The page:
In today’s competitive candidate market, employers need to put their best foot forward. We recommend you provide all or at least your best candidates with an informational packet that includes – the job description, a collateral describing your company and what you do, a document that outlines your hiring process and how candidates are selected, your internal promotion and pay increase policies, and a list of company benefits. If you want to really stand out, include information about the team they will be joining and/or their potential teammates.
Does all this hiring homework seem a bit overwhelming?
Hiring the right employee in today’s competitive marketplace is serious business – requiring serious preparation if you want to get it right.
PACE can help. In addition to our full cycle recruiting packages, our Hiring Help service model includes a menu of specific services custom designed to help our clients get quick easy access to a variety of professional candidate evaluation services and recruiting expertise.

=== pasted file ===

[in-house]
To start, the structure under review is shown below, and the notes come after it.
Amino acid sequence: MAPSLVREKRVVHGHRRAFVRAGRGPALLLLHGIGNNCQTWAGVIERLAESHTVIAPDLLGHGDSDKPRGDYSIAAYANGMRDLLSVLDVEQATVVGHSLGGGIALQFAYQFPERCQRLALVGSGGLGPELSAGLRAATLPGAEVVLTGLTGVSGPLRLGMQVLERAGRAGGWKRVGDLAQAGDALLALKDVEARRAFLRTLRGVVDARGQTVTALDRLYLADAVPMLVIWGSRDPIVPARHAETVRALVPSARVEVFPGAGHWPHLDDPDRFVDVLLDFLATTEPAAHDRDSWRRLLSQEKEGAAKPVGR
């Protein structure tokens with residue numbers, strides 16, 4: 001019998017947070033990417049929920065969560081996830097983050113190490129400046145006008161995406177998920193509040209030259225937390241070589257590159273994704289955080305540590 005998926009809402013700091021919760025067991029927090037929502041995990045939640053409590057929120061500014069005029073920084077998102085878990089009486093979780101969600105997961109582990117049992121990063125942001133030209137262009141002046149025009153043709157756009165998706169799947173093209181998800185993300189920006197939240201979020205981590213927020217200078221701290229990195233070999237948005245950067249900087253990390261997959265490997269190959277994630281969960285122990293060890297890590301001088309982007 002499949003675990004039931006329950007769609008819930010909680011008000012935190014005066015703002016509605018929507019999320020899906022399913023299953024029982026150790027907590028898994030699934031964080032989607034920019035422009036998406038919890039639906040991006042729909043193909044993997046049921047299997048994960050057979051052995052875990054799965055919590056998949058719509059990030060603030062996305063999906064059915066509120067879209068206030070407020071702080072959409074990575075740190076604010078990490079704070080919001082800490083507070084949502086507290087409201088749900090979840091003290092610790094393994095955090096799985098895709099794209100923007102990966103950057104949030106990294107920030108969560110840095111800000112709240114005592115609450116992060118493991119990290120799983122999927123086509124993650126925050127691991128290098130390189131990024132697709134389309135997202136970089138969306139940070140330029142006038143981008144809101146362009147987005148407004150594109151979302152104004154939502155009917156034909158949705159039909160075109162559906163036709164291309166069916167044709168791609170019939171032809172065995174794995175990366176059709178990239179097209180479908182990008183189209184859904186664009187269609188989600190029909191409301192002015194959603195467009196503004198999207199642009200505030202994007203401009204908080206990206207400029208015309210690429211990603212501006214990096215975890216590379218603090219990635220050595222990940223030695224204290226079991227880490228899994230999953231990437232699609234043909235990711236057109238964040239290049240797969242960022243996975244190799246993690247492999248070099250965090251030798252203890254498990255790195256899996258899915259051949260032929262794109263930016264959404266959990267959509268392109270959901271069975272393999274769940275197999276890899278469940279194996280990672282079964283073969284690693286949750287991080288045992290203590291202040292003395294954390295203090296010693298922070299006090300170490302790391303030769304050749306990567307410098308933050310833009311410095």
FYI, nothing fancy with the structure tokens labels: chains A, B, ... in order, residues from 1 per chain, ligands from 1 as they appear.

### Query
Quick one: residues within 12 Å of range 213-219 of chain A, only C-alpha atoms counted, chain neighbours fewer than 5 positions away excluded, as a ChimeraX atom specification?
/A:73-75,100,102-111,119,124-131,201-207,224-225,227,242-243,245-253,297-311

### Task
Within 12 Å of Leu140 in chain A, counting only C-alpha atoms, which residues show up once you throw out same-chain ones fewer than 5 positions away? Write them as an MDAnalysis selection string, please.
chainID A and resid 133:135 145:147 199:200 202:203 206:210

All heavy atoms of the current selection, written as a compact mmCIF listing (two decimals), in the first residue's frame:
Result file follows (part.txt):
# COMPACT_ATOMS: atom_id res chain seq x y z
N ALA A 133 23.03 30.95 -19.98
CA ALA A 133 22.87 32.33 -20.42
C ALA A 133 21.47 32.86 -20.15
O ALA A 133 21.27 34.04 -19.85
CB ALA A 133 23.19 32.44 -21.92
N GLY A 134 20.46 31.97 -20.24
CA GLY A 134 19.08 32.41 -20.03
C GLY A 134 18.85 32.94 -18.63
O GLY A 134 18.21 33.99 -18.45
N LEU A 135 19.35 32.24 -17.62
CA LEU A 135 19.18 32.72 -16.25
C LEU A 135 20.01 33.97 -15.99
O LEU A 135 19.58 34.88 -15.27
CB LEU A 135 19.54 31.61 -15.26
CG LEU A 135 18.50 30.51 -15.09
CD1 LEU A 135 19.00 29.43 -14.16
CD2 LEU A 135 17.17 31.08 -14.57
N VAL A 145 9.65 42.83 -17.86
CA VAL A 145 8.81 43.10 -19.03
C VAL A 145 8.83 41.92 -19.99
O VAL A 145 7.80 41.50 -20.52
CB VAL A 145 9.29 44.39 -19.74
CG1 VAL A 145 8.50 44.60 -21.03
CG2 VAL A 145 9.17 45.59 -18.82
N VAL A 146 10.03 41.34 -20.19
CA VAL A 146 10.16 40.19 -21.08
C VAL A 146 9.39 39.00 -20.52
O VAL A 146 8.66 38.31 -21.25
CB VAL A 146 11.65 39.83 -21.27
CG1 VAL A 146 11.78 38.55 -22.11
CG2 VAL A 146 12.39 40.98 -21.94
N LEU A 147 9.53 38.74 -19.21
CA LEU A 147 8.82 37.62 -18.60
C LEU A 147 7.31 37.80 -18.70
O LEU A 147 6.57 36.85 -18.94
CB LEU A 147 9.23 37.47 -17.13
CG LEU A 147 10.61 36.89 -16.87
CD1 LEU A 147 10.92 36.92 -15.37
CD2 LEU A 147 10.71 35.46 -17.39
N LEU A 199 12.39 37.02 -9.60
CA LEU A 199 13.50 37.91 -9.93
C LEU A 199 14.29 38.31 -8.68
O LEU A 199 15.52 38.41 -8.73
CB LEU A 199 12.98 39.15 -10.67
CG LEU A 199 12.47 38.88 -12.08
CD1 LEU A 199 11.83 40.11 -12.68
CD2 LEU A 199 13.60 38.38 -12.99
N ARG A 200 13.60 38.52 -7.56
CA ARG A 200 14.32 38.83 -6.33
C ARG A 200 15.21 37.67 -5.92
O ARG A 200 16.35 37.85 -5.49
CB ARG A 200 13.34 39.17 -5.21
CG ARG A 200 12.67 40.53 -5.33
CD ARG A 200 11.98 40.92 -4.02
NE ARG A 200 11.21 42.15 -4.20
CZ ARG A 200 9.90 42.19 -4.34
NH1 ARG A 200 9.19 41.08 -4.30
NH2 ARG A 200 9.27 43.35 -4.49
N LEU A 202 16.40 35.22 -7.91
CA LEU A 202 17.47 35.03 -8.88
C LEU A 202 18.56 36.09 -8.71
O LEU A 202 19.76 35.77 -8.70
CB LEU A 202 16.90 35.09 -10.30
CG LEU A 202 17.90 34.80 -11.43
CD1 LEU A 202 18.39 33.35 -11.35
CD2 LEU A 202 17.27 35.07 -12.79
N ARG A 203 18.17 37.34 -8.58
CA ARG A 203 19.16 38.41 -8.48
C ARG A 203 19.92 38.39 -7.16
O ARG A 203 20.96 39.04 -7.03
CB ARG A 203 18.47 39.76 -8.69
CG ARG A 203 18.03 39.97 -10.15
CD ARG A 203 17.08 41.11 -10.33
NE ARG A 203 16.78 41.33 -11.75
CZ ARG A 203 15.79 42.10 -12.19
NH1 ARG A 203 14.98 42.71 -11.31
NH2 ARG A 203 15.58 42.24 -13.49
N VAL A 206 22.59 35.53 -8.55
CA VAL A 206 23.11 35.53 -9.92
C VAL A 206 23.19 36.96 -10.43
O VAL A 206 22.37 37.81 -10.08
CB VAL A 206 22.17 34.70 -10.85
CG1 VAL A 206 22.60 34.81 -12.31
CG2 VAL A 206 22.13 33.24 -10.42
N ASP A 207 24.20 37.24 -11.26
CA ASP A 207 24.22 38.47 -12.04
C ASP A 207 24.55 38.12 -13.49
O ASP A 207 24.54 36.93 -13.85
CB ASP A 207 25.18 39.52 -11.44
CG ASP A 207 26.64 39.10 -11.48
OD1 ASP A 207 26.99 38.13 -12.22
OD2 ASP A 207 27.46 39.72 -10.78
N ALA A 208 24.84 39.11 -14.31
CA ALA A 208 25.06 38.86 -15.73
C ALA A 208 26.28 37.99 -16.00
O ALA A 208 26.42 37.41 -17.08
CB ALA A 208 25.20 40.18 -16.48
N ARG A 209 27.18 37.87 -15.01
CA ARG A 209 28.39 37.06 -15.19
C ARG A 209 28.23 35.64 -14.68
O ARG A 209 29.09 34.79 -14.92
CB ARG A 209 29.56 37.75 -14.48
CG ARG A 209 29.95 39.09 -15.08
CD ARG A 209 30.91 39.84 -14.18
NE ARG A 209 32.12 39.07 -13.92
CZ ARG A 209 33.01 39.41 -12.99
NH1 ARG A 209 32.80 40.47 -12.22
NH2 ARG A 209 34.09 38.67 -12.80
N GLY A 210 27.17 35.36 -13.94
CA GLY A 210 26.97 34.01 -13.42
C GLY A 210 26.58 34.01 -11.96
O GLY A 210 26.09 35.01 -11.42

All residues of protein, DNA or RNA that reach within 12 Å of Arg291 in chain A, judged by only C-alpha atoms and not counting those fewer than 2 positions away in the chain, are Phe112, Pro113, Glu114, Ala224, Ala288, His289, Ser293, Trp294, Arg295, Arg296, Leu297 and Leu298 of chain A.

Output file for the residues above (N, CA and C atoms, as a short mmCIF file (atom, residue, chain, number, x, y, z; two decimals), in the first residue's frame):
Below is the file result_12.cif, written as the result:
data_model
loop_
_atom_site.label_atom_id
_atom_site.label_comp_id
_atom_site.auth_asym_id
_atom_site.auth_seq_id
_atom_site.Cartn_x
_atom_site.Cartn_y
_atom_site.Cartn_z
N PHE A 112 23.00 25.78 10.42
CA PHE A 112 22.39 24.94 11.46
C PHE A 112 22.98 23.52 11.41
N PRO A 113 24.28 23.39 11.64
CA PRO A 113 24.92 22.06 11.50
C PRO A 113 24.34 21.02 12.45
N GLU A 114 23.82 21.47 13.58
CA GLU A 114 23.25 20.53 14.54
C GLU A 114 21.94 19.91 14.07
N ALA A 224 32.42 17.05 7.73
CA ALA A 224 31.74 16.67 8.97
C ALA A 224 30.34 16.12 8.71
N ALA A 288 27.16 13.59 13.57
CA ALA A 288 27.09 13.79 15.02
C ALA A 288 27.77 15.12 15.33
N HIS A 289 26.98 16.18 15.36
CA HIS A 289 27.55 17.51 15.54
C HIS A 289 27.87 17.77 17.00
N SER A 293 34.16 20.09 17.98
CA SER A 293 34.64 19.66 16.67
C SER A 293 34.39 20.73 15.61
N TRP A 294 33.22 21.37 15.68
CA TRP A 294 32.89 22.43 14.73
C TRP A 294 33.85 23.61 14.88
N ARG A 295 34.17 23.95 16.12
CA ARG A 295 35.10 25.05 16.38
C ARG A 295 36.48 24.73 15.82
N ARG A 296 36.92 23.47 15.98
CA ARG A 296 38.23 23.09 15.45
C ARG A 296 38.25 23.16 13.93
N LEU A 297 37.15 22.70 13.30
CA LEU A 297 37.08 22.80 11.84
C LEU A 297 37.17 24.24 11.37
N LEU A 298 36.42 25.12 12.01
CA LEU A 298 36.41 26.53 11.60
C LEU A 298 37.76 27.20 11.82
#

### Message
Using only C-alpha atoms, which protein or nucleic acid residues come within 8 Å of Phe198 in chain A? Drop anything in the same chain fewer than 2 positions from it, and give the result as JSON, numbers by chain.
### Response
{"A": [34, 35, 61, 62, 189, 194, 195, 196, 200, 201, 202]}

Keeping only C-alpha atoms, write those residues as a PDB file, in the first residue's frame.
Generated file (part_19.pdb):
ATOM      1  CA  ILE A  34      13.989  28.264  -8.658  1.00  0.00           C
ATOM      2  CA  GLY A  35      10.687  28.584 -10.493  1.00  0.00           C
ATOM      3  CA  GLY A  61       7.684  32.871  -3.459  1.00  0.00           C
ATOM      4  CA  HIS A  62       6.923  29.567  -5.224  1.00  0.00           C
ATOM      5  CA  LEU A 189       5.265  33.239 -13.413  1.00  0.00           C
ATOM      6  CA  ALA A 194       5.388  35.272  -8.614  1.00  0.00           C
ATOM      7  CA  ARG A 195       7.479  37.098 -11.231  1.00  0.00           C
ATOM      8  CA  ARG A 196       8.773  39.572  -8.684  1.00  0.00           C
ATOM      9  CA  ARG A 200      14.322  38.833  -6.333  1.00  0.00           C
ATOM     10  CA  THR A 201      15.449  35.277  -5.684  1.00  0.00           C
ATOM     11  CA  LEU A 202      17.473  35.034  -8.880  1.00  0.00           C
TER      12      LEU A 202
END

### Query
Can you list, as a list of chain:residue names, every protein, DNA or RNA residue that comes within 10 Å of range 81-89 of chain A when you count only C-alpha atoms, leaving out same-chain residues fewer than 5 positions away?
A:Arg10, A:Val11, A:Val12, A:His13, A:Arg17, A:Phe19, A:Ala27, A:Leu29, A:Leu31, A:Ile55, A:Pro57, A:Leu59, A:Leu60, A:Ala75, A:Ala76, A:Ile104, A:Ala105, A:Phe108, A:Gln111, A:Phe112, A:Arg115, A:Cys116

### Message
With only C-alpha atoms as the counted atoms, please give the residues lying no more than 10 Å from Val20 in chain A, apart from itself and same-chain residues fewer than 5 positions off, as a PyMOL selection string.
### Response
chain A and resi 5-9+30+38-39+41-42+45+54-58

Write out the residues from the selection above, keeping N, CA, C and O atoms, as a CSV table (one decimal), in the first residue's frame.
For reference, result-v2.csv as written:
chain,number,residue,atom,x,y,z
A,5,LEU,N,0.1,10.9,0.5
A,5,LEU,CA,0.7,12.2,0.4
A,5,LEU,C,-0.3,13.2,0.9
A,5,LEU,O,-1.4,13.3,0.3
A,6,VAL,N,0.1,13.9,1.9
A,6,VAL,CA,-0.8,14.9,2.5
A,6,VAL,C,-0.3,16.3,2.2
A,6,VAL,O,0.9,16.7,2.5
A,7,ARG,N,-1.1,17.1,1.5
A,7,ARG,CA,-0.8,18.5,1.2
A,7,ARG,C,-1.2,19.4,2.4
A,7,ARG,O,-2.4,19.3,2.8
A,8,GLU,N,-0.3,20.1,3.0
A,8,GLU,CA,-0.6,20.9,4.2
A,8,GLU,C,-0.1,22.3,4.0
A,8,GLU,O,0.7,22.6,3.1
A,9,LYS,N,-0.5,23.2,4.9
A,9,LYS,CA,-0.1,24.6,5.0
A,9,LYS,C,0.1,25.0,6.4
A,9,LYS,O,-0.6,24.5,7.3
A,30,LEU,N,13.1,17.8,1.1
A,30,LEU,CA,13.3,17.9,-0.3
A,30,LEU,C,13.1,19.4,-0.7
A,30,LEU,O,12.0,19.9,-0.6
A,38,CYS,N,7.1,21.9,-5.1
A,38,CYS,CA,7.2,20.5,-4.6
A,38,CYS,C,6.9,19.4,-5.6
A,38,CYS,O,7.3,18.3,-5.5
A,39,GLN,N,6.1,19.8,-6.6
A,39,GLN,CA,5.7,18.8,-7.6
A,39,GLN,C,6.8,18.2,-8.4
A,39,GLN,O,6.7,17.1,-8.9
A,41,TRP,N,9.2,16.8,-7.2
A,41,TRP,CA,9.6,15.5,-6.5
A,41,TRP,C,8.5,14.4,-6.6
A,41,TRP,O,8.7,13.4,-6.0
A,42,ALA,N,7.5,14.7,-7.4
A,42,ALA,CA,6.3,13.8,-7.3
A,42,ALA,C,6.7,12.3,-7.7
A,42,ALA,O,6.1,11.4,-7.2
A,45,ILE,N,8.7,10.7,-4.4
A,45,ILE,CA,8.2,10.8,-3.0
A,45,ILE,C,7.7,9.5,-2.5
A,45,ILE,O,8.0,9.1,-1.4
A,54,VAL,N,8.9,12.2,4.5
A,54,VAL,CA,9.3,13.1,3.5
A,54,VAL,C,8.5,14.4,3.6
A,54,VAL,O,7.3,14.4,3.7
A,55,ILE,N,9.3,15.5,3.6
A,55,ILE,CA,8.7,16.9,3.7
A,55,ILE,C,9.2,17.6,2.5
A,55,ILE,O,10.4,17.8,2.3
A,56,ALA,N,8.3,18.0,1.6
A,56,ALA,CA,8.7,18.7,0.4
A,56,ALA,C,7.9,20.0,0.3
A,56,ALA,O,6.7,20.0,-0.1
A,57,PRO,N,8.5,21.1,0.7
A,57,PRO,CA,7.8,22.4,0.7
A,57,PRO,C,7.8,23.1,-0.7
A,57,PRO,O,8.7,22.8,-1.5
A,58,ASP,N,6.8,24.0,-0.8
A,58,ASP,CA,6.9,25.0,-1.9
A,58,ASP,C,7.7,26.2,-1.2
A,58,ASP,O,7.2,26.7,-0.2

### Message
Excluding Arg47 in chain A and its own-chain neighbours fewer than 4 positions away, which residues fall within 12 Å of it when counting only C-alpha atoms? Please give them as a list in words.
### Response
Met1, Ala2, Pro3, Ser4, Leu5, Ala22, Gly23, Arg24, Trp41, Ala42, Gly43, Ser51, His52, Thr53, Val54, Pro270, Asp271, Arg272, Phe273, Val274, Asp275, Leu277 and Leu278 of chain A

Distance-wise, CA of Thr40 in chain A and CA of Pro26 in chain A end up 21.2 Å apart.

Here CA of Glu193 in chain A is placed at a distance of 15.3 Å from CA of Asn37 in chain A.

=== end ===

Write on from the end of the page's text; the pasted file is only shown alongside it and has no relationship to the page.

- Resume Reviews and Candidate Rankings
- Preparation of Preferred Candidate Profiles
- Budget sensitive access to job boards and professional constructed job postings
- Candidate Skill and Aptitude Testing
- Behavioral Interview Questions and Rated Responses
- Reference Checks
If you’re feeling overwhelmed or bogged down with hiring details, we can help!
For a confidential conversation focused on your current hiring process and ways our team could help you r team move faster and produce betting hiring results, contact our Partner Services and Solution team at 425-637-3312 or e mail us at email@example.com
PACE Staffing Network is one of the Puget Sound’s premier staffing /recruiting agencies and has been helping Northwest employers find and hire employees based on the “right fit” for over 40 years.
A 3 time winner of the coveted “Best in Staffing” designation , PACE is ranked in the top 2% of staffing agencies nationwide based on annual surveys of customer satisfaction.
PACE services include temporary and contract staffing, temp to hire auditions, direct hire professional recruiting services, Employer of Record (payroll) services, and a large menu of candidate assessment services our clients can purchase a la carte.
To learn more about how partnering with PACE will make a difference to how you find and hire employees, contact us at 425-637-3312 or e mail our Partner Solutions team at firstname.lastname@example.org.